Look to this altar. Look to this baptismal font. Look to the pulpit and the lectern. Look… and listen. Behold, the Lamb of God, who takes away all the sin of the world. Behold, the Lamb of God, who laid down His life as an all-redeeming sacrifice for the sins of the entire world—your sin, my sin, and even the sin of the person you don’t like. Listen to the Good Shepherd as He speaks tenderly to you, “Take and eat. Take and drink. This is My body and My blood for the forgiveness of all your sin.” Folks: As members of God’s holy flock, even in the midst of this shadowy valley of death, this is our joy. This is our concord (one heart). That means this (Christ in Word and Sacrament) is what ties and unites faithful Christians of all ages, ethnicities, cultures, and times together as one holy Christian Church; one flock under one Good Shepherd. One Lord, one faith, one baptism.
My dear little flock: You know what we’ve come through this past year. Your Good Shepherd has been here for you all along. Who knows what’s still in store for us? Maybe things will get better. Maybe they won’t. Maybe this is as good as its ever gonna get. (Yikes!) Come what may—richer, poorer, sickness, health, war, peace… and everything in between—your Good Shepherd does not change. His love for you does not and will not change. “I am with you always, even to the end of the age.” Don’t ever forget that! Regardless of what’s going on in this fallen and sinful world; no matter how dark and scary things may seem in your life, your Good Shepherd loves you and He will never leave you or forsake you. He loves you so much that He willingly laid down His life for you. Do not take this lightly! The wage for your sin is death. The penalty for your sin required death, and the Good Shepherd died that death for you. He sacrificed Himself in your place so that you may have life and have it in over-flowing abundance. That’s how much He loves you.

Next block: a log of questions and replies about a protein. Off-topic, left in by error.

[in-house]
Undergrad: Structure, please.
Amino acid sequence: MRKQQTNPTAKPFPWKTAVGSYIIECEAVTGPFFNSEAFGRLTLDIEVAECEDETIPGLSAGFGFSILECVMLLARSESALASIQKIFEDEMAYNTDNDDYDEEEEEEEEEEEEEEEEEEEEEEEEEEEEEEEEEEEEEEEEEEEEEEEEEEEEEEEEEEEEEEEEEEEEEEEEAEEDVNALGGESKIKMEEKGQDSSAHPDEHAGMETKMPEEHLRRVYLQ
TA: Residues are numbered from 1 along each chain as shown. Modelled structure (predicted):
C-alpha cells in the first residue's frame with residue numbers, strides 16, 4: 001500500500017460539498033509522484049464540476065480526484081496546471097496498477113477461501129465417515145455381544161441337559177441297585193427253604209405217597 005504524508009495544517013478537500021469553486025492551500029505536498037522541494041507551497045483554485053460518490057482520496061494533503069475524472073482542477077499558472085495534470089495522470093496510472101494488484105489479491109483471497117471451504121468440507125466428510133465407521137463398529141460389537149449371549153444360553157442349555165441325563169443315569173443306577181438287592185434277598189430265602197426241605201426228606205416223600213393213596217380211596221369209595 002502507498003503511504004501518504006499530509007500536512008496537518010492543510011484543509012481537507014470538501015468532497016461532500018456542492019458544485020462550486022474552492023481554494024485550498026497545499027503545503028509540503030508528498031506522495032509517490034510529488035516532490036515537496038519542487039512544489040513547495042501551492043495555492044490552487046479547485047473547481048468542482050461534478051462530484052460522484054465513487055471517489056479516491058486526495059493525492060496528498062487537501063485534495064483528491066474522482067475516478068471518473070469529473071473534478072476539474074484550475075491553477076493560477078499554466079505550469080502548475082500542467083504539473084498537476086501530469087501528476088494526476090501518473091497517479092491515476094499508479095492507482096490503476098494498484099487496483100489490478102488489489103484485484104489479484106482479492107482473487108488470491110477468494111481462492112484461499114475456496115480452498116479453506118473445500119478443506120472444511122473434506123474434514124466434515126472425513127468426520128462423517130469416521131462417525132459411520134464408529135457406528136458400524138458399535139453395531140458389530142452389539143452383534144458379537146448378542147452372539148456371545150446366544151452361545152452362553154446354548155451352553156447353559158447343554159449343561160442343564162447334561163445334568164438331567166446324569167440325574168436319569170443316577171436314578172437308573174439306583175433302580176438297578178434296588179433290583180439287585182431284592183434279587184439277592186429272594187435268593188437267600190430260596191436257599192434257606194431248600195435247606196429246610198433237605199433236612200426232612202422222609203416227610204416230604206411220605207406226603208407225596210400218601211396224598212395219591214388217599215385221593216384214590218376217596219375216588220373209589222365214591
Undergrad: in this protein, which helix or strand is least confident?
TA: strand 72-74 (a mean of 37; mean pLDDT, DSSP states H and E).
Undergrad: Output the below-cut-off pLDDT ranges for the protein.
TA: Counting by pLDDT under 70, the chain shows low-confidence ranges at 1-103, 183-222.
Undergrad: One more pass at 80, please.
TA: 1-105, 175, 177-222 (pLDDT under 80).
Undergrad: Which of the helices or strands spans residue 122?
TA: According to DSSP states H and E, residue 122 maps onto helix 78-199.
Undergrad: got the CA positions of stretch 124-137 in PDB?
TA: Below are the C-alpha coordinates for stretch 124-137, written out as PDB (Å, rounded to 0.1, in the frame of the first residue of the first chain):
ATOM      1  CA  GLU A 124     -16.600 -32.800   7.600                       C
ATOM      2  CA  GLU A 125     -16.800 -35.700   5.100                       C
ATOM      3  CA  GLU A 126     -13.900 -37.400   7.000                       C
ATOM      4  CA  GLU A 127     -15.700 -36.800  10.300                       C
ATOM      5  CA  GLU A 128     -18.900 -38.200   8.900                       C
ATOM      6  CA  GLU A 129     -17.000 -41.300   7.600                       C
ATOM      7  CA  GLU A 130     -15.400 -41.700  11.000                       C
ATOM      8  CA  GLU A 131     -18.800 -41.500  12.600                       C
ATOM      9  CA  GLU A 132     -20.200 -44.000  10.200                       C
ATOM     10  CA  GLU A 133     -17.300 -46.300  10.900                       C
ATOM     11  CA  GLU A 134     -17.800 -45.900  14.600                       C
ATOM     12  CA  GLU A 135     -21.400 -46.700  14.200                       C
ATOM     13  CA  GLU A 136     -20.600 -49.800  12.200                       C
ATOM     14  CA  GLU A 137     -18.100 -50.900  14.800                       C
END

May God grant you the wisdom and humility of saving, repentant faith all your remaining days so that you may be able to recognize and understand and appreciate just how much your Good Shepherd does love you and actively cares for you. May your ears of faith be opened to always hear and listen to and hold fast to the voice of your Good Shepherd. May your eyes of faith, opened through the hearing of the Word, be always opened to recognize your Good Shepherd and His very present love for you, even in the midst of your trials and tribulations. My little flock: Repent and rest and enjoy the comfort, peace, and healing that is found only in the green pastures, cool waters, and open arms of your truly Good Shepherd.
In His most holy and precious name; the very name you bear by virtue of your baptism into Him… AMEN.
Feel free to use any or all of this sermon for the edification of God's people. It is NOT necessary to ask my permission for any of it! In fact, you don't have to mention me at all. (I think it's highly problematic when pastors seek credit/glory for sermons inspired by the Holy Spirit!) Give praise to God for the fact that He continues to provide for His people.
Send Pastor Jason Zirbel an email.